11. UChicago stair ruts. Mechanical weathering of stones from foot traffic is significant. There are ruts in stairs where people have walked.
    12. "The Trees at Yerkes" (pdf). Describes the trees on the Yerkes campus. I've been to Yerkes several times and observed on the 24", 40", and 41", but never checked out the trees. Download this pdf and do me one better.
    13. Weird UChicago websites. My idea of weird might be slightly different than yours ("RSOs I haven't heard of"). Most people find this page looking for I guess UChicago sysadmins name their servers after the sort of objects you would in a game of 20 Questions. I scanned the subnet and found a long list of named servers, but very few serve funny images.
    14. Dialogo article from May/June 1971 University of Chicago magazine. Ferrari talks about the meaning of his sculpture. No, he doesn't mention communism.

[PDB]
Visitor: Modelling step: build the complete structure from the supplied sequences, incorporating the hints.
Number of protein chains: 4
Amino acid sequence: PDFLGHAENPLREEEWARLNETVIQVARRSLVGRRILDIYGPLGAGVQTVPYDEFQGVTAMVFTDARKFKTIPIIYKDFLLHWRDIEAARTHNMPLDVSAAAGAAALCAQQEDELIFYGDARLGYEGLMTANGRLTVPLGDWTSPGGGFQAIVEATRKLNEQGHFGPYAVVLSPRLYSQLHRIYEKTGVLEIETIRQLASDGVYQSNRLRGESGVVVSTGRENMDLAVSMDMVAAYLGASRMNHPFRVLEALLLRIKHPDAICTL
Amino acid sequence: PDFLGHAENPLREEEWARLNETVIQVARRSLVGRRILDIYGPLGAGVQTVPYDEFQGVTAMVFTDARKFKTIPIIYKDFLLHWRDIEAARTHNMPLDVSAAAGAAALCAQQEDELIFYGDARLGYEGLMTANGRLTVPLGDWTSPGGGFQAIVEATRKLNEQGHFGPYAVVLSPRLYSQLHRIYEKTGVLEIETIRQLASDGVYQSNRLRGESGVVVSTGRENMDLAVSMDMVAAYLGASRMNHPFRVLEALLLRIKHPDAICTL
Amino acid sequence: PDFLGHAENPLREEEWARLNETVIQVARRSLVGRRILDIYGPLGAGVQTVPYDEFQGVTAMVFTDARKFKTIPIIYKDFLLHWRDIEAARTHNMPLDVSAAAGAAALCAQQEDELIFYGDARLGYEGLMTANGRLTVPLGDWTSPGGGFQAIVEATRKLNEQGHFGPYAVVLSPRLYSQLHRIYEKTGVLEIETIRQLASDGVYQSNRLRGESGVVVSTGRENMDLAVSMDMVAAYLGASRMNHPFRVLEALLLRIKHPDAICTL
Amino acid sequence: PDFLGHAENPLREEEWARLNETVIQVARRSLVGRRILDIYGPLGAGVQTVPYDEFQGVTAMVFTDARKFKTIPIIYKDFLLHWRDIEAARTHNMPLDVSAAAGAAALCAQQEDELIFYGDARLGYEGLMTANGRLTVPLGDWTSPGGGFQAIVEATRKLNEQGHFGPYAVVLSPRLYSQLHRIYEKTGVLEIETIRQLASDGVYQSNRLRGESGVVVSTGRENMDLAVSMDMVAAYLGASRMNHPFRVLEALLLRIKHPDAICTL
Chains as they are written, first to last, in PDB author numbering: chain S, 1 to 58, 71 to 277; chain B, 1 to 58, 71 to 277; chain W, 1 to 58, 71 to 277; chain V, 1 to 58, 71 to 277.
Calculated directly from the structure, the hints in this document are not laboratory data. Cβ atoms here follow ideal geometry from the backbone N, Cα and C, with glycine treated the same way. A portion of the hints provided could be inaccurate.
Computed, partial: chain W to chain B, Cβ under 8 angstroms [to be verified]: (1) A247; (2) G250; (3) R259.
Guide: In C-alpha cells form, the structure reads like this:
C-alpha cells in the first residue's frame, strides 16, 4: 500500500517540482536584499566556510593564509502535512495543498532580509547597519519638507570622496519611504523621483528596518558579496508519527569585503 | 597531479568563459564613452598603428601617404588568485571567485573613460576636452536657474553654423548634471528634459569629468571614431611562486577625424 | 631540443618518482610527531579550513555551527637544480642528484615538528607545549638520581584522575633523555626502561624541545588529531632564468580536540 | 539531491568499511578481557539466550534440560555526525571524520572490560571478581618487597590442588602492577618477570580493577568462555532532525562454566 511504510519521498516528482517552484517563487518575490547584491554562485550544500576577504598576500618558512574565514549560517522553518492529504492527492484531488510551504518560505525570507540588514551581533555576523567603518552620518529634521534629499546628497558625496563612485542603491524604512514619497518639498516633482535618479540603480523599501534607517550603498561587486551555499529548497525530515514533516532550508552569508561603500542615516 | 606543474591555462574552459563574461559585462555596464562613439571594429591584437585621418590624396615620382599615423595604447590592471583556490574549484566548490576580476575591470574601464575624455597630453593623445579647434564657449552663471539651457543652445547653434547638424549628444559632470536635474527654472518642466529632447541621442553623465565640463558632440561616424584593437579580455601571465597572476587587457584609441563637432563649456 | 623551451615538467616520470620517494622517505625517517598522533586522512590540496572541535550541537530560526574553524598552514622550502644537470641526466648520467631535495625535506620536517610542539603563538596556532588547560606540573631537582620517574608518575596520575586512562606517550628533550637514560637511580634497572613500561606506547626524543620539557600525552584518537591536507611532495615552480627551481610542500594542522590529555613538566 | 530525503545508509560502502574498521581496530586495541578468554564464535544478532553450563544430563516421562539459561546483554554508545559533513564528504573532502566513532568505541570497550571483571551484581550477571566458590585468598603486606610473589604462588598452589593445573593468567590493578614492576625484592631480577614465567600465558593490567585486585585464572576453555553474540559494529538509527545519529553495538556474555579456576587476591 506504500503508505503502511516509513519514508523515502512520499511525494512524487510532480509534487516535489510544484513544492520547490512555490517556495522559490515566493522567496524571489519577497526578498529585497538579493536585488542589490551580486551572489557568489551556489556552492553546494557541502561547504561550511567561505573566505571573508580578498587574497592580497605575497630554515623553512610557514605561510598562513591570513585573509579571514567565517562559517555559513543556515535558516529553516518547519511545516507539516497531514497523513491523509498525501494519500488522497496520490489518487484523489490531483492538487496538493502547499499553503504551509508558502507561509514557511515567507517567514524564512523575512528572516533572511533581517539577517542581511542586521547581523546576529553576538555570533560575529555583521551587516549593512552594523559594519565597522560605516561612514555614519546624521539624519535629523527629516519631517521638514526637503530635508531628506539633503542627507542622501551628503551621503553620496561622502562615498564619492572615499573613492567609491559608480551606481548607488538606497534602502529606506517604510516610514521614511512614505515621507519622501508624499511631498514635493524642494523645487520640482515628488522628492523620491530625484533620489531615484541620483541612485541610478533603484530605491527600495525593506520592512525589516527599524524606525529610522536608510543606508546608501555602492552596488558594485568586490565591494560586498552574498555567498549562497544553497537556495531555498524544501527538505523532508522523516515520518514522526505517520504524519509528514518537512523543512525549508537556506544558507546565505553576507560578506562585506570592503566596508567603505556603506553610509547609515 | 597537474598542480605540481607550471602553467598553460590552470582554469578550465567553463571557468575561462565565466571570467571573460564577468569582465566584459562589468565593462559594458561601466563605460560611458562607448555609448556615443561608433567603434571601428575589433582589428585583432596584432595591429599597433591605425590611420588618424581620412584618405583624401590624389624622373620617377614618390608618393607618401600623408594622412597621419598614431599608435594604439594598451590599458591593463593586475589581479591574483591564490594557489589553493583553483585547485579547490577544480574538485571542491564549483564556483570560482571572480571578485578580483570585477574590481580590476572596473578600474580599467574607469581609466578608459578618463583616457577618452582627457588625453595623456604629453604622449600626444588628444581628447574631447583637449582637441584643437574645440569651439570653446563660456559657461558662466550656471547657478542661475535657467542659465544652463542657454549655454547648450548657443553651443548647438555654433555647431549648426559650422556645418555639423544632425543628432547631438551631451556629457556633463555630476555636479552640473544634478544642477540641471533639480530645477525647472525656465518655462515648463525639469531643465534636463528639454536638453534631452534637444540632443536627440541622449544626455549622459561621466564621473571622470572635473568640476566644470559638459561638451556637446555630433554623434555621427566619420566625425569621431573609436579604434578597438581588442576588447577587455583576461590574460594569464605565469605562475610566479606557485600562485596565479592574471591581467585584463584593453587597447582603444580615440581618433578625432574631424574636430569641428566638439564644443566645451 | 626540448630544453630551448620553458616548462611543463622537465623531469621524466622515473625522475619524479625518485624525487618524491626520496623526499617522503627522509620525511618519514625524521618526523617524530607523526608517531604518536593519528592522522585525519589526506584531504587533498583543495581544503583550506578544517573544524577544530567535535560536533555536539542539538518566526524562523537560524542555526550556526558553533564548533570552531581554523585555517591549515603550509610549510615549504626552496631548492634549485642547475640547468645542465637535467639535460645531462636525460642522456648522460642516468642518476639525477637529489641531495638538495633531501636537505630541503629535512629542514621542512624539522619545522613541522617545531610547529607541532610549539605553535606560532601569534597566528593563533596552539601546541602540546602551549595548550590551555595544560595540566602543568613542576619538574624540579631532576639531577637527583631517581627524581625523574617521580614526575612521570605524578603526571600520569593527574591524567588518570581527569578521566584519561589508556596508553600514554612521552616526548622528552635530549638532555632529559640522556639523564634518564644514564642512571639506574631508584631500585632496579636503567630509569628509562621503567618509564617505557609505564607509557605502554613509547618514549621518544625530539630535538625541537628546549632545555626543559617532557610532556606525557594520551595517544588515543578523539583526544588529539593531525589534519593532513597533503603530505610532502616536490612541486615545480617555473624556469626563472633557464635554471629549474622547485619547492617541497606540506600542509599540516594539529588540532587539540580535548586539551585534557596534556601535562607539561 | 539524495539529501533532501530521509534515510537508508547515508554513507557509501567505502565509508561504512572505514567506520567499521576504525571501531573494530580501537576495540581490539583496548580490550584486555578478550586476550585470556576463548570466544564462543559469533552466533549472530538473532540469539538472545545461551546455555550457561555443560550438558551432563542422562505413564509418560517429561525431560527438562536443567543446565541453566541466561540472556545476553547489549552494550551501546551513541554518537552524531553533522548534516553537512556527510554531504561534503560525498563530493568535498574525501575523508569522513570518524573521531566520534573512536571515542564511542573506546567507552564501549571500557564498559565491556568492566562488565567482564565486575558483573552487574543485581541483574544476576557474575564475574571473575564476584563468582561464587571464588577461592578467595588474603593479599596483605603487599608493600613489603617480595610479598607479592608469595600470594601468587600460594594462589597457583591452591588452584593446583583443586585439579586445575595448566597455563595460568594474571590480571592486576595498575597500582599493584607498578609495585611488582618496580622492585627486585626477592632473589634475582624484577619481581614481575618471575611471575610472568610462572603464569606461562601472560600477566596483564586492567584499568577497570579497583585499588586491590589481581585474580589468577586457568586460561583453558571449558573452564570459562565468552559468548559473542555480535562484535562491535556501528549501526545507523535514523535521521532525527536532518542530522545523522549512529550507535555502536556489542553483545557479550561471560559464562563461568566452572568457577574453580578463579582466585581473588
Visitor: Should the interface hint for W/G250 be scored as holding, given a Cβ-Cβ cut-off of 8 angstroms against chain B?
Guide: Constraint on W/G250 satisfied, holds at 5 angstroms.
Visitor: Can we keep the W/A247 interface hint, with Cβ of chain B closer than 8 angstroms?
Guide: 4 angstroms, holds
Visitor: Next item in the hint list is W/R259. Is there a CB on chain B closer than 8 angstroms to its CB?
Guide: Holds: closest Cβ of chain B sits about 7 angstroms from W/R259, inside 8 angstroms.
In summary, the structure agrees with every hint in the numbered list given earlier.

15. Old Ryerson laboratory from July/October 1970 University of Chicago Magazine. College buildings are constantly repurposed. Old laboratories aren't appropriate for modern research and become classroom buildings. Ryerson (once physics research laboratory, now classroom and office building) is a great example.
    16. "Dialogo" debunked: UChicago's May Day myth. I argue that Virginio Ferrari's sculpture Dialogo cannot cast the shadow of a hammer and sickle, contra the persistent UChicago myth. This page includes only the explanatory figures I drew. You can supply the argument.
    17. I was in Bartlett Grill at night. Tote Hughes and I infiltrated Bartlett at night via a complicated route. Here I am standing in the location where chefs fried me chicken tenders only a few years before.